So, yes, it’s true (as always) that we’ll always have the expansions we’ve collected over the years, and there’s nothing keeping us from playing the game as it stands today, but, nonetheless, it’s a bit depressing knowing that we’ll never see any more new expansions come out, knowing that the number of new Heroscape fans that are created in the coming years will be miniscule at best.

Unless you could do something about that.

Making up homemade stuff for games (particularly expandable games) has a long and storied history.  Tweaks to the rules, generally called “house rules,” probably started with card games (particularly poker), and then expanded to venerable board games, like Monopoly and Risk.  When D&D came out, it was “expandable” in the sense that it was a set of rules that tried to model reality (and not even the real reality—a fantasy version of reality), and thus was always incomplete.  D&D “expansions” were essentially new rule books, covering new environments, new fantasy archetypes, new combat styles and weapons, and so forth.  Thus, house rules were customized expansions.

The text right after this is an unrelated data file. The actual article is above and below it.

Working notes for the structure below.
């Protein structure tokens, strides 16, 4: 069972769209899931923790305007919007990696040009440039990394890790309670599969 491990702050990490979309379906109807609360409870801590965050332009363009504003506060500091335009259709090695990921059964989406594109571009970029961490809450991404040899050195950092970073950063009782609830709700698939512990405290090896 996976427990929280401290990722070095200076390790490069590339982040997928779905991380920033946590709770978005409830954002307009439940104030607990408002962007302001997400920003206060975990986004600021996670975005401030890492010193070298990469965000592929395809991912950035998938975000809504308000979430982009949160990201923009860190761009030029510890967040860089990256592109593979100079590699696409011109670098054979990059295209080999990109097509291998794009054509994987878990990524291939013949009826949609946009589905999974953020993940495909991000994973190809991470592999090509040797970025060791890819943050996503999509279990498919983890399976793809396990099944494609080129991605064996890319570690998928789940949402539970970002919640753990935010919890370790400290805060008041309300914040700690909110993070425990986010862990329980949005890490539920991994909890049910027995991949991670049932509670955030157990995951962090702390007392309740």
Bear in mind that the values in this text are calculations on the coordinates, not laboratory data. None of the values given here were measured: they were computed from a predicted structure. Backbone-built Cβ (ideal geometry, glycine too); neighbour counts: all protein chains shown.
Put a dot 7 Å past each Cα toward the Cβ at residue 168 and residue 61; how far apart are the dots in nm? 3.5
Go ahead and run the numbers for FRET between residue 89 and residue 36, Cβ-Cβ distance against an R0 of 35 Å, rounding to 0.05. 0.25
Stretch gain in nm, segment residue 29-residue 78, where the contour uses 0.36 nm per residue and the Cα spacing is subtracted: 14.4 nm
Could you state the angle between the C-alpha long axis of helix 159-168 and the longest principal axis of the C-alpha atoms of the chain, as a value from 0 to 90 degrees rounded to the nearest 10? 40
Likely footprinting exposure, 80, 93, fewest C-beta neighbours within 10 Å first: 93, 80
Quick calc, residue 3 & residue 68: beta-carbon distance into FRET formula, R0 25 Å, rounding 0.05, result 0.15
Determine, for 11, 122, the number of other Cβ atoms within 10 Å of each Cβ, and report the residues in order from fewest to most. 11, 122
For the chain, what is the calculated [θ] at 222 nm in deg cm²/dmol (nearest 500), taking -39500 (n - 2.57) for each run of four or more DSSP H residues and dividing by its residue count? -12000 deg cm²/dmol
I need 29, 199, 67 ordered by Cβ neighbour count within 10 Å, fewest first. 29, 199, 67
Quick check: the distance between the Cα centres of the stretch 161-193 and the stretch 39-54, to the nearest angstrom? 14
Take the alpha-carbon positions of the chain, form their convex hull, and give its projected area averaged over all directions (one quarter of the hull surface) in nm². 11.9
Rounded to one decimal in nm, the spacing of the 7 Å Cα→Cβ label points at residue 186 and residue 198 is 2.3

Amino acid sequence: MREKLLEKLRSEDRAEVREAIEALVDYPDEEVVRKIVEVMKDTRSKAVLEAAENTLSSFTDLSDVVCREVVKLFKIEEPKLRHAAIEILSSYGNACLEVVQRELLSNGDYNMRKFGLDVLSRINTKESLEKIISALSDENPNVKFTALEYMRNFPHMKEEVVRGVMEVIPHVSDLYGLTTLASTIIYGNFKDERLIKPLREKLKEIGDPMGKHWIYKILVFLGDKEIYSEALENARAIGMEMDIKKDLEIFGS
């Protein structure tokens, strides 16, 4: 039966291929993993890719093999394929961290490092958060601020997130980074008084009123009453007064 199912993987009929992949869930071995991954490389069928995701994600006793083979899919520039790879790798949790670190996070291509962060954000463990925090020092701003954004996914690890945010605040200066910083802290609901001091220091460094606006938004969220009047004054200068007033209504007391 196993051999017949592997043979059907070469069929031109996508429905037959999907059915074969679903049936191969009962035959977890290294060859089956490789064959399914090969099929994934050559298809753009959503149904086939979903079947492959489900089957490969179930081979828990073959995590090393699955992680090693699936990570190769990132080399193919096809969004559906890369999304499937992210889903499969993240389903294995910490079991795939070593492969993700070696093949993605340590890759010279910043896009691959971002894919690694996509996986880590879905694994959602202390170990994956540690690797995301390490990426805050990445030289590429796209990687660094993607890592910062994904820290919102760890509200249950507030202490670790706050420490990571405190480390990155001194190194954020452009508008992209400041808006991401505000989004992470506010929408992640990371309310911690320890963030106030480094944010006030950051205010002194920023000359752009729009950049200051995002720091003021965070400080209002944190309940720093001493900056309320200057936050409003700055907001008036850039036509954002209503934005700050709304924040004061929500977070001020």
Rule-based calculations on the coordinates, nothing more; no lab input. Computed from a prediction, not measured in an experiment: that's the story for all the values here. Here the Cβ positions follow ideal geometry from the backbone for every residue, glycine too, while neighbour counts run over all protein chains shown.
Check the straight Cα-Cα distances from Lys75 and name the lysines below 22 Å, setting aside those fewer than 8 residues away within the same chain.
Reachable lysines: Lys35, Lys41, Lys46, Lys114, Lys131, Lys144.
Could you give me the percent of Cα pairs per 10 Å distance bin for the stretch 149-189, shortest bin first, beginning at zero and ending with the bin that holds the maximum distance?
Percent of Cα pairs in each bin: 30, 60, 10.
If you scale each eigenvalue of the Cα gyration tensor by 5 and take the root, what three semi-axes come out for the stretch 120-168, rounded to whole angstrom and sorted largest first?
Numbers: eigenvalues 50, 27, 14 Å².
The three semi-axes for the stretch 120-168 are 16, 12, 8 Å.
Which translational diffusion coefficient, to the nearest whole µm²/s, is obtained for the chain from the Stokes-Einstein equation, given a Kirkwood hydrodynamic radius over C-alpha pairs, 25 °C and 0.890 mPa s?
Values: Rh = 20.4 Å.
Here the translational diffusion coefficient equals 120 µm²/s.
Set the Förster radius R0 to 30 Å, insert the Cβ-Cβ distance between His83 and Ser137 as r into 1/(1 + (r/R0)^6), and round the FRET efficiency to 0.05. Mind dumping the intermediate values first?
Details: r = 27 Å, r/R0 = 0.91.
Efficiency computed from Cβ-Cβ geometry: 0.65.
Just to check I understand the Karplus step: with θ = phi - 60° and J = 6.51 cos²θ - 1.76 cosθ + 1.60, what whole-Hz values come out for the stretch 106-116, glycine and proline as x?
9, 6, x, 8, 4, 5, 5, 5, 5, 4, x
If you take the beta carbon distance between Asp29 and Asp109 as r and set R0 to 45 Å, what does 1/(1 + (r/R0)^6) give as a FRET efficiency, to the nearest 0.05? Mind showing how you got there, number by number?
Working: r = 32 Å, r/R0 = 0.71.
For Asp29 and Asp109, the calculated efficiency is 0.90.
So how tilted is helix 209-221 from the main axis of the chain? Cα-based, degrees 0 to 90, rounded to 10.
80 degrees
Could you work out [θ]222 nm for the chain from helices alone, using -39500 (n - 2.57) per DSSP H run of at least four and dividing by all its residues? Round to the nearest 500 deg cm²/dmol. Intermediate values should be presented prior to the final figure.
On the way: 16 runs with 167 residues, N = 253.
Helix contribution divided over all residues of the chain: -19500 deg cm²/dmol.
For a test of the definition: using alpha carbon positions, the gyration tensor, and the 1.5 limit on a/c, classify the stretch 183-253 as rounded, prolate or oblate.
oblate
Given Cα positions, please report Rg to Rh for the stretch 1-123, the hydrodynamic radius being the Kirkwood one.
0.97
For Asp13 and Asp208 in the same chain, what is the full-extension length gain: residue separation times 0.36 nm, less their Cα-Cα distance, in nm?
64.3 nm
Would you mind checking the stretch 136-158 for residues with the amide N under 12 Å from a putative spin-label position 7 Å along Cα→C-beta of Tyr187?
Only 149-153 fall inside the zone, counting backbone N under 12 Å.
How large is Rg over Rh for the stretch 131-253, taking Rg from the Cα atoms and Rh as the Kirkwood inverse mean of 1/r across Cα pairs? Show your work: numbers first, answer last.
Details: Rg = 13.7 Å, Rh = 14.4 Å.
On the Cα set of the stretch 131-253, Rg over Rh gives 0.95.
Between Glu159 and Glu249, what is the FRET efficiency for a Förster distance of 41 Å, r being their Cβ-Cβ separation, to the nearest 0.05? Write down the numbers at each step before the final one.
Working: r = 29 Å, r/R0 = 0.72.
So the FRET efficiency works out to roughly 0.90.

Magic: the Gathering made it a bit more complex.  Sure, you could have house rules.  But that didn’t replace the continuous expansions.  If you wanted customized expansions (generally shortened to just “customs”), that meant making up your own cards.  Now, on the one hand, you could see that, right?  You’re sitting around playing a card game in which almost every card is different, and you have dozens of combinations to choose from, but every once in a while you find that you need that one extra card to make the perfect combo.  Except that the company that makes that game hasn’t invented that card yet.  So you invent it.  What the hey: you’ve been playing this game so long that you know all the cards’ text by heart; you can easily make up some card text of your own.  Of course, it’s more complicated than that: Magic cards don’t just have text: they have pictures.  Often very beautiful pictures.  So you’ve got to have a picture too, and maybe you’re not an artist, but maybe you can find someone to draw it for you.  And still, at the end, you’ve got to print out your custom card and make it look all nice and official.